If the packet does not end at the address boundary, then the predetermined number of bits are encoded to indicate that the packet does not end at the address boundary and that the encoded bits include additional information such as HOLE information. It is then determined where the packet ends via step 610. Finally, the additional information is encoded within the space available in the HOLES via step 612. As previously stated, the additional information includes information such as HOLE information. It is preferable that the four most significant bits of the last byte within the address is shifted to five bits indicating encoded HOLE information.

FIG. 8A, 8B and 8C illustrate possible ways of encoding the preferable predetermined number of bits in a predetermined location. FIG. 8A shows a shifting of bits in an address during encoding to allow for a set of encoded bits, one of which preferably indicates whether the packet ends at the address boundary. It is irrelevant whether 0 or 1 is used to indicate that the packet ends the address boundary so long as it is consistent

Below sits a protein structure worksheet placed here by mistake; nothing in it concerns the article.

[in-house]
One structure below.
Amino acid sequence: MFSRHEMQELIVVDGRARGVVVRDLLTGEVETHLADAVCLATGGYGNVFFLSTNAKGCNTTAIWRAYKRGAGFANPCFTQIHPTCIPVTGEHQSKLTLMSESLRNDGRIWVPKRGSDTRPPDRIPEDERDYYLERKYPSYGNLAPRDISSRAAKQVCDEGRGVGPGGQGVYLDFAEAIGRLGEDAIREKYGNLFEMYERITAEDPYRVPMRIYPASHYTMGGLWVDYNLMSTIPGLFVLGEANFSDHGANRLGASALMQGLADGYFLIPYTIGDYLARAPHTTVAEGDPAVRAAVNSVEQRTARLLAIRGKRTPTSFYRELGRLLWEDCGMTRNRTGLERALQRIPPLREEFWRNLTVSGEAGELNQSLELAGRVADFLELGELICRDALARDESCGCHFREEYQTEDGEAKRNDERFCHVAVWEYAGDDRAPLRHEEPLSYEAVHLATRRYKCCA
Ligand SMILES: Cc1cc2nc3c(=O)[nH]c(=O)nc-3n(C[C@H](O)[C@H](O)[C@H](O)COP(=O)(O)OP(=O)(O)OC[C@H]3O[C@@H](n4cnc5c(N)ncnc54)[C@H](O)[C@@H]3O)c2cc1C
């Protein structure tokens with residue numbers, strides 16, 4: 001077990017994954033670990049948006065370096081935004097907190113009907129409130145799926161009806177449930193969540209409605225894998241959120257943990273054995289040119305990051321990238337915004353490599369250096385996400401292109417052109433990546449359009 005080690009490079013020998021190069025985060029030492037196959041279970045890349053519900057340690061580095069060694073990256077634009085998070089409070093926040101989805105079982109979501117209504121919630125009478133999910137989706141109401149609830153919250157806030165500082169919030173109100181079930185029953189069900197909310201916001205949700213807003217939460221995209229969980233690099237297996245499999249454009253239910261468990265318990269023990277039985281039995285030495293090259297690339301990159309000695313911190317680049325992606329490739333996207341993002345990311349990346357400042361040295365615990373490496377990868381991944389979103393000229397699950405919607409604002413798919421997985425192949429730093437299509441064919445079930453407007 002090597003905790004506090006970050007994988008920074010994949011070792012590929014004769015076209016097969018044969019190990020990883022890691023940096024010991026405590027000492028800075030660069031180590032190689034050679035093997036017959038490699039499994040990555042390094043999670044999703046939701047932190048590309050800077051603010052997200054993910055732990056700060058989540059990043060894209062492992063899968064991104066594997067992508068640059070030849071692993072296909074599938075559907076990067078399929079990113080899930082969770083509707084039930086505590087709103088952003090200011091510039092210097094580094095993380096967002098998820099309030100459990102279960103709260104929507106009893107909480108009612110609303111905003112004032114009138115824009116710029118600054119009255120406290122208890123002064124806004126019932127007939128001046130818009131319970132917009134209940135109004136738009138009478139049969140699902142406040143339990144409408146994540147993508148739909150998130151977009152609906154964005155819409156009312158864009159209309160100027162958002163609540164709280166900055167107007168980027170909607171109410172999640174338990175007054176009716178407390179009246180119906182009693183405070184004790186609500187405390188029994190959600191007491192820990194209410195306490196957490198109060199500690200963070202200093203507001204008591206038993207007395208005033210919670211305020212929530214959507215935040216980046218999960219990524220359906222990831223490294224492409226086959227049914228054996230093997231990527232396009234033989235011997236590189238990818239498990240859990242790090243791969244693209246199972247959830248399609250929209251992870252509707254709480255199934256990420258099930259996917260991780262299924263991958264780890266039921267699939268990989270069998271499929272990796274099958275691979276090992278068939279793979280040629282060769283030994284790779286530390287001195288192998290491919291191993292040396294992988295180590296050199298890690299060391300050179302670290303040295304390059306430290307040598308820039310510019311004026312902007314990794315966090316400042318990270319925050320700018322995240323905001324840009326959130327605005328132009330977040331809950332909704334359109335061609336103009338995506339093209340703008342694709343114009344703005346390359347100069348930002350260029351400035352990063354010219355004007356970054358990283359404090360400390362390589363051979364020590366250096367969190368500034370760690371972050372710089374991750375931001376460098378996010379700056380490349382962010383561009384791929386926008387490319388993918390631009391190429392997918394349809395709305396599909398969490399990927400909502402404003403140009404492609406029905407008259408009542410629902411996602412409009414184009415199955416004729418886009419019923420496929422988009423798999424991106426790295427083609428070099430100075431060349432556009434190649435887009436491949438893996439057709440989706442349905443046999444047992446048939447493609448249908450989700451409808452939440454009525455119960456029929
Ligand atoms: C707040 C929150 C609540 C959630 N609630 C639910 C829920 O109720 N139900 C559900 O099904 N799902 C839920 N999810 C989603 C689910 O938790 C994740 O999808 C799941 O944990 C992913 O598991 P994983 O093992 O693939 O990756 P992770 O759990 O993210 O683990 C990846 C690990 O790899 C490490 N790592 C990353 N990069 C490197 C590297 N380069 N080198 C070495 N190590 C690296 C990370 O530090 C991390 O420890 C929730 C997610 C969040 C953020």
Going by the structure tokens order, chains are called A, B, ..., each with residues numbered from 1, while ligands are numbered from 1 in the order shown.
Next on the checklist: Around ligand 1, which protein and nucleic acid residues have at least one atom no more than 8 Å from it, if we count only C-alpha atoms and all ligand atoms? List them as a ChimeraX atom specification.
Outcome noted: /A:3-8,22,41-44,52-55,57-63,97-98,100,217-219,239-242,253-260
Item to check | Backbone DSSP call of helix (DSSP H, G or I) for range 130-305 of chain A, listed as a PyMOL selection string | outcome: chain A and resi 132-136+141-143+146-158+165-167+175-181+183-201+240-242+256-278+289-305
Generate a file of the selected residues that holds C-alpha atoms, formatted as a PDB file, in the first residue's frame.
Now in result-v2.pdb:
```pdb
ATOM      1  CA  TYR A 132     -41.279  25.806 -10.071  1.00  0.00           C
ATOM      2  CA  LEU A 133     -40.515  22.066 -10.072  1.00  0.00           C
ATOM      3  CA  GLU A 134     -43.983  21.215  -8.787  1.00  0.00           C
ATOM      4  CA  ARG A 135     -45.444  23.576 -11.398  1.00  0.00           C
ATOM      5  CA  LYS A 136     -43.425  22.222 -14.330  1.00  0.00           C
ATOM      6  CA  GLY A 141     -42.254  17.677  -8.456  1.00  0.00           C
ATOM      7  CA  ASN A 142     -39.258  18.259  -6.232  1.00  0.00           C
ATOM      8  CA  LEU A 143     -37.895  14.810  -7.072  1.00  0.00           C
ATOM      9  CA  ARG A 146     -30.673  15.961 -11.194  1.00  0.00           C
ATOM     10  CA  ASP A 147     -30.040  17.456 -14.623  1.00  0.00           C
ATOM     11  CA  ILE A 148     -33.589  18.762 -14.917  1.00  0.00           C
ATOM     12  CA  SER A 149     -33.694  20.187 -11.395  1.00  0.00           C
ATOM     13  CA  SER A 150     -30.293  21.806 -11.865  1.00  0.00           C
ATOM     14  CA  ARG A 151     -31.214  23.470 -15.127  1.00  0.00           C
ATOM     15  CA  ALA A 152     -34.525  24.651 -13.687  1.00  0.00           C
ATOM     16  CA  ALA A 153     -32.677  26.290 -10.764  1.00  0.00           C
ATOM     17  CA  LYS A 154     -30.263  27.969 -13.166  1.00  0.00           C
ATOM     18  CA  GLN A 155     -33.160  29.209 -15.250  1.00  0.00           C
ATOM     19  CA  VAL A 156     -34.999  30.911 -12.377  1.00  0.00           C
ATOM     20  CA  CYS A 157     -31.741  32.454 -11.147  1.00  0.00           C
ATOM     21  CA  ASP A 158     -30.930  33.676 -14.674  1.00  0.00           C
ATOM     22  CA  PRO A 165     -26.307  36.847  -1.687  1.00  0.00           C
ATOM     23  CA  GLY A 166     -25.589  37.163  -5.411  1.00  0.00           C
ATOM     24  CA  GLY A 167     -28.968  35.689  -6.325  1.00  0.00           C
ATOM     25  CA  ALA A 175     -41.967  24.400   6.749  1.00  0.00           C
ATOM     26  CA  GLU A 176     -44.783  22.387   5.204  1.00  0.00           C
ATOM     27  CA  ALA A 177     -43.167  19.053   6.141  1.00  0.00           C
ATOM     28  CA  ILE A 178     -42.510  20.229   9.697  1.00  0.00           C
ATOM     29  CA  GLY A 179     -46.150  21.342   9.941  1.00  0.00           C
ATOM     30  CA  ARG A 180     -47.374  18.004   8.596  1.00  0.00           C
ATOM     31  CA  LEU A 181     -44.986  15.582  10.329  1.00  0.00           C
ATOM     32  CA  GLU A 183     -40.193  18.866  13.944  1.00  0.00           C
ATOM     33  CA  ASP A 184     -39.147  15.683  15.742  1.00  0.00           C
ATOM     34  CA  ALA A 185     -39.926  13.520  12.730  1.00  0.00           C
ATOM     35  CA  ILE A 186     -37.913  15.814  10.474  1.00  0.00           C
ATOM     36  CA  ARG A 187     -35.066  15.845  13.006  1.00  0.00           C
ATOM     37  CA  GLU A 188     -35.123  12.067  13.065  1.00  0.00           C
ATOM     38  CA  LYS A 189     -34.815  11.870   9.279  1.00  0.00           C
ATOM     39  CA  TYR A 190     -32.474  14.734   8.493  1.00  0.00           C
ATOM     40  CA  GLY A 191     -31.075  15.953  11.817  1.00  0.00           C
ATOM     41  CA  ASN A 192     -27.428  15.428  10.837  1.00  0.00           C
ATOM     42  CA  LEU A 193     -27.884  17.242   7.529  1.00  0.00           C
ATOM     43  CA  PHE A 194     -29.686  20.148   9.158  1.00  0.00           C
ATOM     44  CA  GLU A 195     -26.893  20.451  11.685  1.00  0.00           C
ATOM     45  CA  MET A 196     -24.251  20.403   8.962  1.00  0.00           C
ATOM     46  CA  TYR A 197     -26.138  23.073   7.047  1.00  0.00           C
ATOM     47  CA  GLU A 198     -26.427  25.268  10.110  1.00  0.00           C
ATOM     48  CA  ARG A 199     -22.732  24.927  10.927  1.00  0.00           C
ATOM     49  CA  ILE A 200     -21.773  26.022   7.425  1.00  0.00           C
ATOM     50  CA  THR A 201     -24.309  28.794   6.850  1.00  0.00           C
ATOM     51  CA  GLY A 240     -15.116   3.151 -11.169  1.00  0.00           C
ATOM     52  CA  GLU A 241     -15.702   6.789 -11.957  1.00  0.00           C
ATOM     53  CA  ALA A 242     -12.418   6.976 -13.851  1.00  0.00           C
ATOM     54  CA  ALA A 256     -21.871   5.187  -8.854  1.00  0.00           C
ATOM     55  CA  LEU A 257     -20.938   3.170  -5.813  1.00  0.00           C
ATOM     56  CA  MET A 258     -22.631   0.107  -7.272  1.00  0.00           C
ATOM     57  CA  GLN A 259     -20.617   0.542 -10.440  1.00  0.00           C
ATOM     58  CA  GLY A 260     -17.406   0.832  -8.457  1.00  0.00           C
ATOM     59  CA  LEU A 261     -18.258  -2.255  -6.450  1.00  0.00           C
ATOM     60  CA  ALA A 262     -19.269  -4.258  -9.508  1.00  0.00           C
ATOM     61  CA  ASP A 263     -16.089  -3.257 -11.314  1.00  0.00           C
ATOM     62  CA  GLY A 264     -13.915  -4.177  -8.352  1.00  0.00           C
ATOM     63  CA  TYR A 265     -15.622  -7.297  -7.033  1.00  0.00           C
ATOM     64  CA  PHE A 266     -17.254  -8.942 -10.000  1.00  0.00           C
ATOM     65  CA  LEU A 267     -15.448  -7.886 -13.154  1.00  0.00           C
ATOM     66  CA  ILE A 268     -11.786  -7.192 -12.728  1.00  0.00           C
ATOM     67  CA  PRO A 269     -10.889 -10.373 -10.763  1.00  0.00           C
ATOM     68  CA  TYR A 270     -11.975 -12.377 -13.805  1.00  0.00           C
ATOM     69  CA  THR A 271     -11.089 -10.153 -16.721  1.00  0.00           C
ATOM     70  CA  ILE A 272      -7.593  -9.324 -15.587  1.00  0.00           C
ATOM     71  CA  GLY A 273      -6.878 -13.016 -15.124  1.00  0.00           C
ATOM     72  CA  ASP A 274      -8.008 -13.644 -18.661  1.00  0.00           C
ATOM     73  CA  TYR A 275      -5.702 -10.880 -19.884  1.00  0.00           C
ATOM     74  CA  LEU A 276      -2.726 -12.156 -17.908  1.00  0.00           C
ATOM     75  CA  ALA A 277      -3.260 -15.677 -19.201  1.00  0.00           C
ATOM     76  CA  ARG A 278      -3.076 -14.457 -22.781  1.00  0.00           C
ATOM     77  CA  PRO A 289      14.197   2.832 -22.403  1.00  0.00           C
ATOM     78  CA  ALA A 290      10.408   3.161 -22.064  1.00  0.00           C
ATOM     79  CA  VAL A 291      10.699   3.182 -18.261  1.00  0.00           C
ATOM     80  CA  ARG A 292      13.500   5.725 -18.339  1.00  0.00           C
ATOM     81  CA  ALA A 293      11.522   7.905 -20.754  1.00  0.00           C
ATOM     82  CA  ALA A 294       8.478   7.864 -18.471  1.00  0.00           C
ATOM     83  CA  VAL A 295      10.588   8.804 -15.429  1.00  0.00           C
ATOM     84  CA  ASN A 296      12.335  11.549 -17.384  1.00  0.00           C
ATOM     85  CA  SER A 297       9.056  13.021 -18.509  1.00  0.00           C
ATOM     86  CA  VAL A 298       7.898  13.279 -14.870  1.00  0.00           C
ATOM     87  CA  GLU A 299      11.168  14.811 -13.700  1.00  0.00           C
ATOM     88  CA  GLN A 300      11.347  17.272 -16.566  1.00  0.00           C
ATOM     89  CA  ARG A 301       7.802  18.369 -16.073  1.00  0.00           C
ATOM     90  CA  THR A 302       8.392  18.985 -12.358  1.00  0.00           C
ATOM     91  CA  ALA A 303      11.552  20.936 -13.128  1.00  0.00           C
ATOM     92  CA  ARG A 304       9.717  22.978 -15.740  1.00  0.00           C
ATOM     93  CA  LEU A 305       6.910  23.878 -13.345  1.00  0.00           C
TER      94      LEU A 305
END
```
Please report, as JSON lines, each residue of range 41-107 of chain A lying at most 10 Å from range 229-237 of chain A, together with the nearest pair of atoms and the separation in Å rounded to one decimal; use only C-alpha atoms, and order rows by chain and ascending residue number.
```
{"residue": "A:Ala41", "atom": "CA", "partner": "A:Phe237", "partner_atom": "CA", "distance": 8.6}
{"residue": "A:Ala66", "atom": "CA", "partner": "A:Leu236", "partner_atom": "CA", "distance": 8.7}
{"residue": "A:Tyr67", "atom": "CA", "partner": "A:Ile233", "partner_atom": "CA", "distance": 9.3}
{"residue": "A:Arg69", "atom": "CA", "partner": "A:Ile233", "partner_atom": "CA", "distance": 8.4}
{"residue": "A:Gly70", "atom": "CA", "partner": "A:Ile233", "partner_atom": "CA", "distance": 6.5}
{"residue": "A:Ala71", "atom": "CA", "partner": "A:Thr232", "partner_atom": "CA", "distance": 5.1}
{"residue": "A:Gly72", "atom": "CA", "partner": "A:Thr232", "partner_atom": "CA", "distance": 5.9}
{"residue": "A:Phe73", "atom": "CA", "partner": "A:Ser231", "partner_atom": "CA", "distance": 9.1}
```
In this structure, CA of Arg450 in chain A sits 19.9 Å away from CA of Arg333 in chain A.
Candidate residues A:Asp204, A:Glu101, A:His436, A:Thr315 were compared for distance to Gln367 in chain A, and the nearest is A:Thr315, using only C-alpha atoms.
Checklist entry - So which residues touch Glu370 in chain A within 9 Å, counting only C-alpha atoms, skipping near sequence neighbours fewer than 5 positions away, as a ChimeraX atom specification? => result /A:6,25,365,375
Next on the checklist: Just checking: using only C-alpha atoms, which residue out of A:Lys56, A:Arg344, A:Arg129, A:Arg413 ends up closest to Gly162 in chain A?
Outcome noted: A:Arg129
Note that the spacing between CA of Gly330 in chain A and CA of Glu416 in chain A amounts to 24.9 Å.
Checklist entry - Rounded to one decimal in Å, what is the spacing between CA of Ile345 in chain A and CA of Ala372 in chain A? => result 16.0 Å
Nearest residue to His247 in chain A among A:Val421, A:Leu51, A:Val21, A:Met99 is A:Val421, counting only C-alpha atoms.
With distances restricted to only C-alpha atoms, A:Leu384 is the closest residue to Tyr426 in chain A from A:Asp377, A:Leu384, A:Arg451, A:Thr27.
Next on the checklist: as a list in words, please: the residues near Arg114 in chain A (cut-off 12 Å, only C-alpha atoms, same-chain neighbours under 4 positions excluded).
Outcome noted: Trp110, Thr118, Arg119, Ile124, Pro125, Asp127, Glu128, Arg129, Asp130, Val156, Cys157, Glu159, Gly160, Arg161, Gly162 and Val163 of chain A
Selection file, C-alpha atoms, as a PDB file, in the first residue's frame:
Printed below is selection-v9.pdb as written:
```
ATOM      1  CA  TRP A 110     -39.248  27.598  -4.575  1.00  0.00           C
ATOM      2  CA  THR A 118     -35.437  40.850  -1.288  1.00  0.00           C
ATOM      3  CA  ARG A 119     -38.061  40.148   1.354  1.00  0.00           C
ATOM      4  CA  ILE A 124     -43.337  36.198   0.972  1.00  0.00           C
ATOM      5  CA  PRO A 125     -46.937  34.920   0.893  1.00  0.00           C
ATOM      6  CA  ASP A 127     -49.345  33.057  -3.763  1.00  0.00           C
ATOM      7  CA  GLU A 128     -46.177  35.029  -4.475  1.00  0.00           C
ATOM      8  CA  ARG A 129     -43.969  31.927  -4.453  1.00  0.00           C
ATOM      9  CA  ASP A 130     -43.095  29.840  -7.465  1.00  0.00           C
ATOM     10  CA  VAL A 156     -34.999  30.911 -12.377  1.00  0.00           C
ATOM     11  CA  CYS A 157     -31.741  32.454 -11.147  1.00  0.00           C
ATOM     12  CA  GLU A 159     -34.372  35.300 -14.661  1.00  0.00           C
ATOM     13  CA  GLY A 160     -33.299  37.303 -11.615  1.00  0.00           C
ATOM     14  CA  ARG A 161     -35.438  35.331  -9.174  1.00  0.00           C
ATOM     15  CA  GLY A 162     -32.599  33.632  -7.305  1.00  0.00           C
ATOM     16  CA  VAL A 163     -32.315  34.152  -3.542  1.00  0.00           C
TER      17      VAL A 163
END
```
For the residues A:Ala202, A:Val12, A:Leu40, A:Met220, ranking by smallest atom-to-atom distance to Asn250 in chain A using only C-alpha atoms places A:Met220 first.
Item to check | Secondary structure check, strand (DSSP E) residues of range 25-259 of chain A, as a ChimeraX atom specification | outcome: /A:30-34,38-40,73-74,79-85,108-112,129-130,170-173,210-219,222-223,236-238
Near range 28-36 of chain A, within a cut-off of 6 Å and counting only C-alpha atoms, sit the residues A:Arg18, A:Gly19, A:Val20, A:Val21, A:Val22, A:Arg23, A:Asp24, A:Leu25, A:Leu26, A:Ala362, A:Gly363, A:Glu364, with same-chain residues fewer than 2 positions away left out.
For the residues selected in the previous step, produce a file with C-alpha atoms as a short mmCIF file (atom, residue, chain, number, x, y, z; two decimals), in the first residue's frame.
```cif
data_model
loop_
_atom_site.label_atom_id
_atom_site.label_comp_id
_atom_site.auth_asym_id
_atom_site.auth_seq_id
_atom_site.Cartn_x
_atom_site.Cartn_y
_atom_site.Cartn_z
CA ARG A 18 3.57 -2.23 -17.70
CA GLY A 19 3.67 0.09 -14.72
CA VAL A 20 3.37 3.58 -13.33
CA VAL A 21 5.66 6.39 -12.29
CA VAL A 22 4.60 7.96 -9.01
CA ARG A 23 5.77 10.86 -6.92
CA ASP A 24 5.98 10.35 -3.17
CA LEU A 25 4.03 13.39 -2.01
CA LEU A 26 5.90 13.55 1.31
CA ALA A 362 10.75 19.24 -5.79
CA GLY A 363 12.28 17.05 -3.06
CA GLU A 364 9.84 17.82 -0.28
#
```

FIGS. 8B and 8C show encoded values for the HOLE information in the four most significant bits. In this example, the fifth encoded bit is used to indicate whether the packet ends at the address boundary, while the remaining encoded bits indicate a unique value which indicates either the additional information or the packet data, whichever applies. The examples used in FIGS. 8B and 8C uses 0's to indicate that the remaining encoded information indicates additional information. The encoded information in FIG. 8B indicates HOLE information, while the encoded information in FIG. 8C also indicates other additional information. As previously stated, the actual encoding is irrelevant, only that it uniquely and consistently indicates a predetermined meaning.